Rory MacLean meets Berge
‘This is the craziest venue I’ve ever performed in,’ laughed Neumann to camera and audience before launching into Glück, leaning against the caravan’s picture window as if to reach her fans.
Their energetic, lyrical music (think Rilo Kiley meets Jason Mraz) and thoughtful, rousing lyrics stirred me and the audience. A few days later I met Marianne and Rocco around the corner in the Dachkammer on Simon-Dach-Straße.
‘When I was a child I didn’t realise that music had to be written,’ 32-year-old Rocco told me as we sat down at a round, window table. ‘I thought it just existed, like water, like the sun. All one had to do was draw it out of the air. By learning to play an instrument I was able to bring out that which was already there.’
‘I think this is the key to our creativity, and to the way which we work,’ enthused Marianne, her blue eyes sparkling as she nodded at Rocco. She spoke with disarming sincerity, almost earnestness. ‘We try to keep ourselves as open and as fluid as possible and just let the music come in to our minds.’
Marianne and Rocco met eight years ago. She was 16 and had already been writing songs for three years, recording them on a cassette player at home for her family. He was 24, a young guitarist with long hair and a reputation with the girls. After a school concert at which he’d preformed, he drove her home and she asked him to listen to her tapes. When he heard her voice, and her lyrics, he was shaken to the core.
‘Marianne was no typical girl,’ he admitted with charming understatement, sipping on a mug of peppermint tea. ‘Plus she’s a very good singer.’
Within a few weeks they formed the Band ‘Frau Neumann’, making their debut at Aufsturz on Berlin’s Oranienburger Straße, performing a popped-up version of Marianne’s songs.
‘It was strange for the band – all of whom were in their mid-twenties – to play songs which had been written by a girl when she was twelve or thirteen,’ Rocco said with a laugh.
But Marianne and Rocco had found a magic formula, playing more than fifty concerts in their first two years, building up a loyal local following.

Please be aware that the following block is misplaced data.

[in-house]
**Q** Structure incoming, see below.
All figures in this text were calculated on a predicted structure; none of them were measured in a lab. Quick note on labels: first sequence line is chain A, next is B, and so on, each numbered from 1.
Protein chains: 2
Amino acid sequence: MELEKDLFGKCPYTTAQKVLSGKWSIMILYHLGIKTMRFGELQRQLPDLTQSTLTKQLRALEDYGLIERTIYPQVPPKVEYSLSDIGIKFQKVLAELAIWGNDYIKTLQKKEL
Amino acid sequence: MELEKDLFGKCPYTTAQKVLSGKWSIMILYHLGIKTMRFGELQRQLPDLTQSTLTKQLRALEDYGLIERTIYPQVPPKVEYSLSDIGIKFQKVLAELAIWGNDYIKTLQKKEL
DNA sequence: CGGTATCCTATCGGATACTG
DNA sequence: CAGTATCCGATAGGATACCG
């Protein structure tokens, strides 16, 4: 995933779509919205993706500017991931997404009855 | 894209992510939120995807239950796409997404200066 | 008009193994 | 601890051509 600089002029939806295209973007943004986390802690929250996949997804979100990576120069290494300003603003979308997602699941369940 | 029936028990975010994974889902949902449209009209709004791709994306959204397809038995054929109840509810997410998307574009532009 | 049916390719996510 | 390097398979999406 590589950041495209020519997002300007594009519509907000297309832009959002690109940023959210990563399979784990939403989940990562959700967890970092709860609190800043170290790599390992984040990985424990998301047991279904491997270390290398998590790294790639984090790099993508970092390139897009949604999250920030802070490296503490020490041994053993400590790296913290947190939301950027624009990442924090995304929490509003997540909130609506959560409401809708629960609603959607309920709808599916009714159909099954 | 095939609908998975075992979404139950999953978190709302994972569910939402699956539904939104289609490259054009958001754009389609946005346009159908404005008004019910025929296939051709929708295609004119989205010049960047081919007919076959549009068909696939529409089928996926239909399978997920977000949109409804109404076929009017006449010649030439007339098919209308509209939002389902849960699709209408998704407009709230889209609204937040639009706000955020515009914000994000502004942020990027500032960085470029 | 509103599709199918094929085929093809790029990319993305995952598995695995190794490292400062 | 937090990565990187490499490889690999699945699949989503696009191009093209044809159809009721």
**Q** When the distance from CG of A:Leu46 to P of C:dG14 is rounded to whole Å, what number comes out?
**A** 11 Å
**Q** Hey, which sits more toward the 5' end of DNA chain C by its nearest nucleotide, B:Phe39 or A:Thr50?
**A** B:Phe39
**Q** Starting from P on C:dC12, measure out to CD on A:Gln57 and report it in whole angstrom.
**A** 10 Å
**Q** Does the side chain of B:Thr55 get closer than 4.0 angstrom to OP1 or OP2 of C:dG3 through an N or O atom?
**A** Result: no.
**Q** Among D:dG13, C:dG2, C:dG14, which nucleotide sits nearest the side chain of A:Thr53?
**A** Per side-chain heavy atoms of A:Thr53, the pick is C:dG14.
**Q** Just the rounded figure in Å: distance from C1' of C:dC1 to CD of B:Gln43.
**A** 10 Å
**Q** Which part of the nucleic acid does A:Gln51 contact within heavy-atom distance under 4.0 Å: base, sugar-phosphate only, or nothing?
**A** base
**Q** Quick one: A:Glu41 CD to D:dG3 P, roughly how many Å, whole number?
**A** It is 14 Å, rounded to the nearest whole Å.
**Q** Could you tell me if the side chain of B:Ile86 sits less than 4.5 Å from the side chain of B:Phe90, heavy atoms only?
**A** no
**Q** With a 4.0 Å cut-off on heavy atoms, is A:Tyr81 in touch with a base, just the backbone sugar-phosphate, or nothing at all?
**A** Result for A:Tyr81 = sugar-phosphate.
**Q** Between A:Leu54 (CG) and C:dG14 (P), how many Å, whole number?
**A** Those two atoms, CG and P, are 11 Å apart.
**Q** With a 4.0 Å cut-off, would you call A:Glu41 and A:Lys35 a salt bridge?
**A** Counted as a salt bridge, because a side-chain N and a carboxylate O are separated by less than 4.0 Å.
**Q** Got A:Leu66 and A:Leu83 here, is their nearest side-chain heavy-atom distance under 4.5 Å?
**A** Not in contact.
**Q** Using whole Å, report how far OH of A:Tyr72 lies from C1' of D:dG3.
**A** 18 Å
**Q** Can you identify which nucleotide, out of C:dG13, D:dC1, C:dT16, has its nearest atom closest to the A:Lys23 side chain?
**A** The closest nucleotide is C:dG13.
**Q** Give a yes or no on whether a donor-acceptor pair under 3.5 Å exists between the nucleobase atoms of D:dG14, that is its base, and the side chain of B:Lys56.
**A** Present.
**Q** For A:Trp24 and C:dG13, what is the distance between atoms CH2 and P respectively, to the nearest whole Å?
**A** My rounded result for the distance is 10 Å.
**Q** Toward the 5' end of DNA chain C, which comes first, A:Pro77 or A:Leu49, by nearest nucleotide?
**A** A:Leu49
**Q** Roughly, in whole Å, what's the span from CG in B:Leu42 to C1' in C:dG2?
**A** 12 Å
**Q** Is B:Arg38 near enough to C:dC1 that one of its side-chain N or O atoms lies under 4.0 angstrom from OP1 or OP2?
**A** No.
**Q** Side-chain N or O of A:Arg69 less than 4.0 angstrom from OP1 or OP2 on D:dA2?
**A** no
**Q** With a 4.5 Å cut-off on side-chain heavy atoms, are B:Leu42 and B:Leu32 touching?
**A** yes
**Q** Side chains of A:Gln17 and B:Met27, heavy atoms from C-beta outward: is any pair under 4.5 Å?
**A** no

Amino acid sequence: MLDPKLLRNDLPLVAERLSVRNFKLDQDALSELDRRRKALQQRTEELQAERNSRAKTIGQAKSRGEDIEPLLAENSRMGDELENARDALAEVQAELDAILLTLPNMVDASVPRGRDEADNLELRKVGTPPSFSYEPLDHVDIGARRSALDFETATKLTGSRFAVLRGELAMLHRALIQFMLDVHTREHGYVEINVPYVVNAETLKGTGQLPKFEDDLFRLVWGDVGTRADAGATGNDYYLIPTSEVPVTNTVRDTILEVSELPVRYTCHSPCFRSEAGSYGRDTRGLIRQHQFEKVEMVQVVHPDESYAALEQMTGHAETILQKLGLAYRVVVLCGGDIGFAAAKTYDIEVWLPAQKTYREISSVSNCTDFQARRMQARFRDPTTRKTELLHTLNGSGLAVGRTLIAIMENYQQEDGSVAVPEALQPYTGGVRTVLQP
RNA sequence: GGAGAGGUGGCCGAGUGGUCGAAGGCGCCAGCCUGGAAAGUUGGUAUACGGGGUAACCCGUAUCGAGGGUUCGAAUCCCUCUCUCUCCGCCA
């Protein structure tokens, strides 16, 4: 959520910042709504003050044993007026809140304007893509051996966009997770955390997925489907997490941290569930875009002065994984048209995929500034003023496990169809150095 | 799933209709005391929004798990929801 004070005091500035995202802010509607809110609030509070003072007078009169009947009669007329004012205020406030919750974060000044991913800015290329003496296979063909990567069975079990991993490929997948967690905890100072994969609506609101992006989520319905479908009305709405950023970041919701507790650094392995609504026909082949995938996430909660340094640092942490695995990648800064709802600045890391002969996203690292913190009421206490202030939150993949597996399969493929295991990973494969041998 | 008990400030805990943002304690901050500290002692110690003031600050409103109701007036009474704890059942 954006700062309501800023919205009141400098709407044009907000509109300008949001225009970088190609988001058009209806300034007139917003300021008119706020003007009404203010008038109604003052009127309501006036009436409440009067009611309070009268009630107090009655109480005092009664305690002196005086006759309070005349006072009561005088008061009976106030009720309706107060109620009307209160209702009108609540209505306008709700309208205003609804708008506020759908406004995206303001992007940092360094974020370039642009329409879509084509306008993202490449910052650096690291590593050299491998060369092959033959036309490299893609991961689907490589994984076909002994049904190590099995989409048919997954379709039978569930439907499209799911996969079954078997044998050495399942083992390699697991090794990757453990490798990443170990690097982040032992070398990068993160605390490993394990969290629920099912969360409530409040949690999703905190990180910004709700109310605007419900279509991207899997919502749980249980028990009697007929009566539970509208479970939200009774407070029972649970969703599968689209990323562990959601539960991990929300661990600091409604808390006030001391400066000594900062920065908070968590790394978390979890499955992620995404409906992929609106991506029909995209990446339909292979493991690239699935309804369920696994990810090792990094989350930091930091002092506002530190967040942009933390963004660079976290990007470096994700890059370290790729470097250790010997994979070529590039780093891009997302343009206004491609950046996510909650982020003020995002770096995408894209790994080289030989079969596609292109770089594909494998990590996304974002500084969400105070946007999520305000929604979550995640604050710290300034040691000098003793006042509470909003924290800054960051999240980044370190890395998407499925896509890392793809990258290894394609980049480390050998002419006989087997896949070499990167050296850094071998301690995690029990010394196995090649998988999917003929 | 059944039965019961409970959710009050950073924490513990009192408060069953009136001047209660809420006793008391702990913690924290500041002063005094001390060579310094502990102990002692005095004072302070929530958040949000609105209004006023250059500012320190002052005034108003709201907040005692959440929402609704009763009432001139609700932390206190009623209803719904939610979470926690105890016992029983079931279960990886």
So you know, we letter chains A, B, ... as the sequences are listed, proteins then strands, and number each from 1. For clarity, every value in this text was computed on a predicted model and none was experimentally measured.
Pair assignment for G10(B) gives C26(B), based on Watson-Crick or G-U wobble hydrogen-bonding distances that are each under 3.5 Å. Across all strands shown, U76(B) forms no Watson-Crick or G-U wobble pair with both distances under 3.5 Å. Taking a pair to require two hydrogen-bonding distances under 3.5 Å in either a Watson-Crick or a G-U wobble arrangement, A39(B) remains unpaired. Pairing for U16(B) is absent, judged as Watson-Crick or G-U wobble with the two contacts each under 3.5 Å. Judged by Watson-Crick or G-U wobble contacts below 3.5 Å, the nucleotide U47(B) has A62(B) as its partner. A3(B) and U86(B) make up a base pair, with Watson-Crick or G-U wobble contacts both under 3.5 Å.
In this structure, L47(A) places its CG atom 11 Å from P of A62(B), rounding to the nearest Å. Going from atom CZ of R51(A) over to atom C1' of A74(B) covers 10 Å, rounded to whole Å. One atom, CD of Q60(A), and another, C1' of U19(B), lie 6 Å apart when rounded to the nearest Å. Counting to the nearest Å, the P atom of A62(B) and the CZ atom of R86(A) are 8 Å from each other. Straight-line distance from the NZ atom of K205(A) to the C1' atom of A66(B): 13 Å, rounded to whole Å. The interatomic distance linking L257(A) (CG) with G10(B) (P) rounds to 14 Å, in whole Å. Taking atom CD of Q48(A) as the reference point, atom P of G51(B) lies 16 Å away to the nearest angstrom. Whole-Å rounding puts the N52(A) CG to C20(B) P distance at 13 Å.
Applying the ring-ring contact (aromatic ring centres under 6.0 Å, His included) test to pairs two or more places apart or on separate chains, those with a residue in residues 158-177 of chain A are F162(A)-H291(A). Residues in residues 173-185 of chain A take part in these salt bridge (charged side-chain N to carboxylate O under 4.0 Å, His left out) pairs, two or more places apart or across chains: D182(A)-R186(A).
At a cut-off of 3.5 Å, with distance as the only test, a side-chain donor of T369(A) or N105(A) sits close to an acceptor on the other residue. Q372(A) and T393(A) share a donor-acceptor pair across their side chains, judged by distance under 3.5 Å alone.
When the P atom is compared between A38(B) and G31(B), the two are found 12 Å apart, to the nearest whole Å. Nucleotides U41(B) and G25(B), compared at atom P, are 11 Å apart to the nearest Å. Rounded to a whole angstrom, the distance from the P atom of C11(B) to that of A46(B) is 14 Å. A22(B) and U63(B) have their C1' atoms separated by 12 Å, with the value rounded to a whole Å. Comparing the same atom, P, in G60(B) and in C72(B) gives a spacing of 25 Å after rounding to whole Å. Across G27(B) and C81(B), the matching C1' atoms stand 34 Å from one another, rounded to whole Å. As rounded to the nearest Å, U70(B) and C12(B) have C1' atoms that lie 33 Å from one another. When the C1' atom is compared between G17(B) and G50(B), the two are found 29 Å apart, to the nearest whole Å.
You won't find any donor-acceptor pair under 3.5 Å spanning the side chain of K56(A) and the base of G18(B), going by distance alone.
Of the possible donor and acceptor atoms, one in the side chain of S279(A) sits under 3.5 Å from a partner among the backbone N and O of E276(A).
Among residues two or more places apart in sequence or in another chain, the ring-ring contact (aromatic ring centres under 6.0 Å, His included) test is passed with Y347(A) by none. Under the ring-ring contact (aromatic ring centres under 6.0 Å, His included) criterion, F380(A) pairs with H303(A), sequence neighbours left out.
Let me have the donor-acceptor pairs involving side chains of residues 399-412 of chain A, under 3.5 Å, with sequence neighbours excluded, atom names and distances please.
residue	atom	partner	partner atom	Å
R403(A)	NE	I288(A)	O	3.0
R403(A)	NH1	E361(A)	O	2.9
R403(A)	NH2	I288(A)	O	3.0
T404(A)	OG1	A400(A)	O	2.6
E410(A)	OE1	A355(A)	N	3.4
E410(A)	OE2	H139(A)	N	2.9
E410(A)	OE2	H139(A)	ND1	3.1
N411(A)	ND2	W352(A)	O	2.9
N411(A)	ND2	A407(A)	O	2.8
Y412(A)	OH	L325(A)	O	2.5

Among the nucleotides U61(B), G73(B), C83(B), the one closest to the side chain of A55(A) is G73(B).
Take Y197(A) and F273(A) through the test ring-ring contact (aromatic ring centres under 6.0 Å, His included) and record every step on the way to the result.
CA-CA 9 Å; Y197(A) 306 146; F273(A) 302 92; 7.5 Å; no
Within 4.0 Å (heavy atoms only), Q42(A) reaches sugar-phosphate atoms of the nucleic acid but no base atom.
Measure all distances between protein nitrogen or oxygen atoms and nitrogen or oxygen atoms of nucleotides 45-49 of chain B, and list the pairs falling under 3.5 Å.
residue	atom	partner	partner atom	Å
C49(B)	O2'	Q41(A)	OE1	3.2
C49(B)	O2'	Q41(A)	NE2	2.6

‘It felt good. I was young. I was in school. I was on stage every other night,’ admitted Marianne.
Yet their success and her school studies left them no time to write new material and they began to grow dissatisfied with their work.
‘We wanted to move away from straight pop music, from a product, and to make something more creative, more original; music that was more us,’ said Marianne.
Together they morphed into Berge, writing lyrics that were cryptic and challenging.
‘We didn’t want to be a band that sang lazy lyrics,’ insisted Rocco, our conversation moving easily back and forth around the table. ‘Maybe our songs would be obscure, maybe some of our fans would hate them, but we were determined not to be cheap.’
The struggle to develop a unique sound was difficult, losing them a deal with a major record company, but with their first album Keine Spur ('No Trace') they emerged as a distinct Berlin band.
‘For us, it is vital to make a connection with the audience,’ said Marianne. ‘The more we can awaken people’s emotions, the more heads and hearts will be engaged, and the more heightened their experience.’ She added with a laugh, ‘At first it’s scary. But with Rocco backing me up, I learned just to do it, and discovered that I could be freer and freer.’
Once, to win over the audience, Rocco ran his guitar through a looper, an electronic device that repeats a set phrase or tune, enabling him and Marianne to step off from the stage and walk through the crowd, singing into radio mikes, drawing all into the performance, encouraging them to dance. In the same vein, they made a two week German tour this past summer, busking for free in a new city every day, playing in small bars and cafés in the evening.
‘The intimacy of those venues produced a totally different energy,’ said Marianne. ‘You need to focus on the person directly in front of you. It’s magic for me if I can have an impact on an individual’s feelings. When that happens, then I believe we are on the right track.’
As elsewhere, survival as independent musicians is hard. Without a record deal behind them, a band must master their own recordings, arrange for the making of CDs, design their own marketing campaigns. But Berge’s commercial breakthrough looks assured by their new album Vor uns die Sinnflut, a play on words which means both 'Before the Deluge' and 'a flood of the senses'. It’s a kind of hymn to the ecology of both the individual and the planet, as well as a plea to the YouTube generation to reconnect with each other and the environment.
‘Its central focus is caring,’ said Marianne. ‘Caring for the planet, for each other’s feelings, for ourselves and our limited time. We hope it will encourage people to reflect on the gifts which we have been given.’ The album – which will be released in 2012 – includes the powerful single Glück, a word that means both luck and happiness and which, as Marianne sings, ‘is our fifth element.’
‘We want to use our music to spread constructive and positive feelings,’ said Rocco, spreading his hands on the table. ‘I always see things in terms of physics. With our music we try to move people, move emotions, move ourselves. We want to bring things to movement, to life.’
‘Which means you have to be in motion yourself,’ added Marianne, completing his thought.
I wondered about their own luck, about finding an ideal creative collaborator. ‘You know the openness, the improvisation, doesn’t work with just anyone,’ said Marianne. ‘You have to find someone who works in the same way, like Rocco. With him I can just relax and sing. He helped me to define myself.’
For Berge, a dynamic and principled Berlin duo who pair emotion and intelligence, success is not a matter of money, ego or stardom, but simply of wanting to be heard, to move people.